The Rue21 Inc. teen specialty chain, after experiencing rapid growth across the country, has initiated a shake-up in its top management, ousting chief executive officer Robert Fisch and bringing talent in from the outside.

The company said the board has launched a search for a new ceo, but did not provide a reason for Fisch’s sudden departure. The teen specialty sector has been troubled in the last few years and last month mall operators Simon Property Group and General Growth Properties were among an investors’ group led by Associated Brands Group that bought Aéropostale out of bankruptcy to keep the chain operating.

At Rue21, Keith McDonough, the chief financial officer, has been appointed interim ceo. He has served as Rue21’s cfo for 13 years and has more than three decades of senior leadership experience in the retail industry, the company said.

The company also appointed Nina Barjesteh chief merchandising officer and Elizabeth Hodges chief customer officer, a new position.

Barjesteh, who has more than 20 years of experience in the retail and fashion industry, joins Rue21 from Target Corp., where she was vice president, general merchandise manager of the women’s apparel division. She will be responsible for all  merchandising initiatives. Barjesteh succeeds Kim Reynolds.

As chief customer officer, Hodges will oversee brand marketing and advertising initiatives. She joins Rue21 from Chico’s FAS, where she spent nine years, most recently as senior vice president of customer experience. Earlier in her career, she worked at J.C. Penney Co. Inc., American Eagle Outfitters and Lane Bryant.

Keith McDonough said: “We thank Bob Fisch and Kim Reynolds for their 15 years of collaboration and passion in building Rue21 into a leading teen specialty apparel retailer. We are very excited to have Nina Barjesteh and Liz Hodges join the Rue21 leadership team. They both will play key roles as we further position our business for long-term growth.”

Based just outside Pittsburgh in Warrendale, Pa., Rue21 operates 1,213 stores in 48 states. It’s been a private company since 2013.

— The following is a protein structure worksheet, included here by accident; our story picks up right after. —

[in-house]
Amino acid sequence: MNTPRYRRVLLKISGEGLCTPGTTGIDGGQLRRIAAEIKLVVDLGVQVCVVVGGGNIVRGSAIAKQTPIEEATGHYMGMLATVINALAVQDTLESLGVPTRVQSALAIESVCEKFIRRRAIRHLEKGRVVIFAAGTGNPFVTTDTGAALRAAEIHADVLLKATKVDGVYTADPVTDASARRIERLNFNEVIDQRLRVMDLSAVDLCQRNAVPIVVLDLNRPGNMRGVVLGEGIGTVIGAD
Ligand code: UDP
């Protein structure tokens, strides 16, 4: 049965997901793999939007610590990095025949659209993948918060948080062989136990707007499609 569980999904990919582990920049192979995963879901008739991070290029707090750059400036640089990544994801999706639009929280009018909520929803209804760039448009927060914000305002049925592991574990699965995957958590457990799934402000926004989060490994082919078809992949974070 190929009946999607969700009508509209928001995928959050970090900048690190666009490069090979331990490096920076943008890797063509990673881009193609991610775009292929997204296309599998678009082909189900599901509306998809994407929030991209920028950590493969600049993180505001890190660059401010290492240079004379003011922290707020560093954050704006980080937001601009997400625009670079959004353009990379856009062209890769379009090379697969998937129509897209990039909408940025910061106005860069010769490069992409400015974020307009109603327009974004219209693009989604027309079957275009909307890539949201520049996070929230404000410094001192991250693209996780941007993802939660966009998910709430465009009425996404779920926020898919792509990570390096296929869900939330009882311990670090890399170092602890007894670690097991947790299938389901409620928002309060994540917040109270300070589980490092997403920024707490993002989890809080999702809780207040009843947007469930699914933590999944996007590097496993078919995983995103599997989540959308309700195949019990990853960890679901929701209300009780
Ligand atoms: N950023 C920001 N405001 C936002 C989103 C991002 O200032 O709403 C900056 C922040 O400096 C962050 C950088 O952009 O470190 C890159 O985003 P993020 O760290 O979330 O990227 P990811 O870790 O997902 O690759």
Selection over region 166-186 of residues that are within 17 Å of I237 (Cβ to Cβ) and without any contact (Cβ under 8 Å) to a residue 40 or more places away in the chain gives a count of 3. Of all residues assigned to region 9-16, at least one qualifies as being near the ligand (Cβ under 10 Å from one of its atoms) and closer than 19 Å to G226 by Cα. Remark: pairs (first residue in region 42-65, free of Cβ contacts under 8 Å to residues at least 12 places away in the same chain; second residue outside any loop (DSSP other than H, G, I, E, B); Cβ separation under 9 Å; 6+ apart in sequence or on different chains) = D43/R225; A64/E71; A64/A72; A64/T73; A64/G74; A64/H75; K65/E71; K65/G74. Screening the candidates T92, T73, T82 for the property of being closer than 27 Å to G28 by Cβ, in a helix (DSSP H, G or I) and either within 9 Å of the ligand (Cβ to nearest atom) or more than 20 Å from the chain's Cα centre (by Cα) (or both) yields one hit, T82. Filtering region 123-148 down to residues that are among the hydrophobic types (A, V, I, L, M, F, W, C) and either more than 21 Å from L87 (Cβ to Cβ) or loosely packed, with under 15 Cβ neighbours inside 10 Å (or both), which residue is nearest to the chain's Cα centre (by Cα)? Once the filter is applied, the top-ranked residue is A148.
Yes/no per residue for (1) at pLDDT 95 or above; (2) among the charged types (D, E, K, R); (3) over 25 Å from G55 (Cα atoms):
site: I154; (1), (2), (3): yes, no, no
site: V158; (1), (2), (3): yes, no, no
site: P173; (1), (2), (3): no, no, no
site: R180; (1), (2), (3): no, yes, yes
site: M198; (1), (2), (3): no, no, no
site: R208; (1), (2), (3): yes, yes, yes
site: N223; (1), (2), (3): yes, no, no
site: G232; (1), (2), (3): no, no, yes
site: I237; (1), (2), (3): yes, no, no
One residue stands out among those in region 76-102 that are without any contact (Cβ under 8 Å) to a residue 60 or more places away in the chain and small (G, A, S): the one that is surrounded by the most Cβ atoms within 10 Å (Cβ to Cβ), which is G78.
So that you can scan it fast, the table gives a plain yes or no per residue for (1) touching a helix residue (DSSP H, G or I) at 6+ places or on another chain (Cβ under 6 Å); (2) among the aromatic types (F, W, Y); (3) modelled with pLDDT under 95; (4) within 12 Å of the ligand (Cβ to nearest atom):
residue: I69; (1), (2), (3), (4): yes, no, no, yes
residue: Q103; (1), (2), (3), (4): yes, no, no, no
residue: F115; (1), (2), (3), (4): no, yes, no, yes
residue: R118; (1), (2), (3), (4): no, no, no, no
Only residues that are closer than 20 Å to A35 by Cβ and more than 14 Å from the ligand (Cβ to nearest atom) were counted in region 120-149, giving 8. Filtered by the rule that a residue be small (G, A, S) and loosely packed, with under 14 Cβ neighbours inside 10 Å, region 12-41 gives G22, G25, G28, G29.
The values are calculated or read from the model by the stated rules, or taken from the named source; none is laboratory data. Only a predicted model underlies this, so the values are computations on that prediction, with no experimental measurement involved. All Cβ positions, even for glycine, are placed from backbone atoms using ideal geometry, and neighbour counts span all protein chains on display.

The company plans to open about 40 stores and upgrade 100 existing stores in fiscal 2016. The company also said e-commerce sales grew 90 percent in the first six months of the current fiscal year. Rue21 is launching ship-to-store and CRM this year.

“We continue to execute on the strategic initiatives we set out for 2016 and the longer-term, including strengthening our brand, our merchandise assortments and our omnichannel capabilities, in addition to increasing our square footage,” said McDonough. “Our strong management team, composed of tenured retail executives with deep experience in all aspects of our business, complemented by the addition of Nina and Liz, is well-positioned to take Rue21 to the next level of growth.”

Fitch Ratings, as part of an analysis of many retail companies, identified seven U.S. retailers facing significant default risk within the next 12 to 24 months. They included Rue21 as well as  Sears Holdings Corp., Claire’s Stores, True Religion Apparel Inc., 99 Cents Only Stores, Nebraska Book Co. and Nine West Holdings Inc. and Rue21 Inc. Rue21 and True Religion were cited for concerns over their institutional term loans.
“In the fickle teen fashion market, it’s particularly important to pass the mantle on to the next generation of leaders,” said Craig Johnson, president of Customer Growth Partners. He added that Rue21 was “always at its best in its core niche — small towns and small cities America in small malls or strip centers where they would be the only game in town for current teen fashion. Over the last four or five years, they went nearer to, if not in, major cities and have been suddenly facing four to six competitors. They have tried to reposition themselves as a fast-fashion player at precisely the time fast fashion has been decelerating, with the exception of Zara.” He said Rue21 represents “yet another sad saga of a longtime ceo overexpanding a concept outside of its niche — and hanging on too long while the world moved on.”
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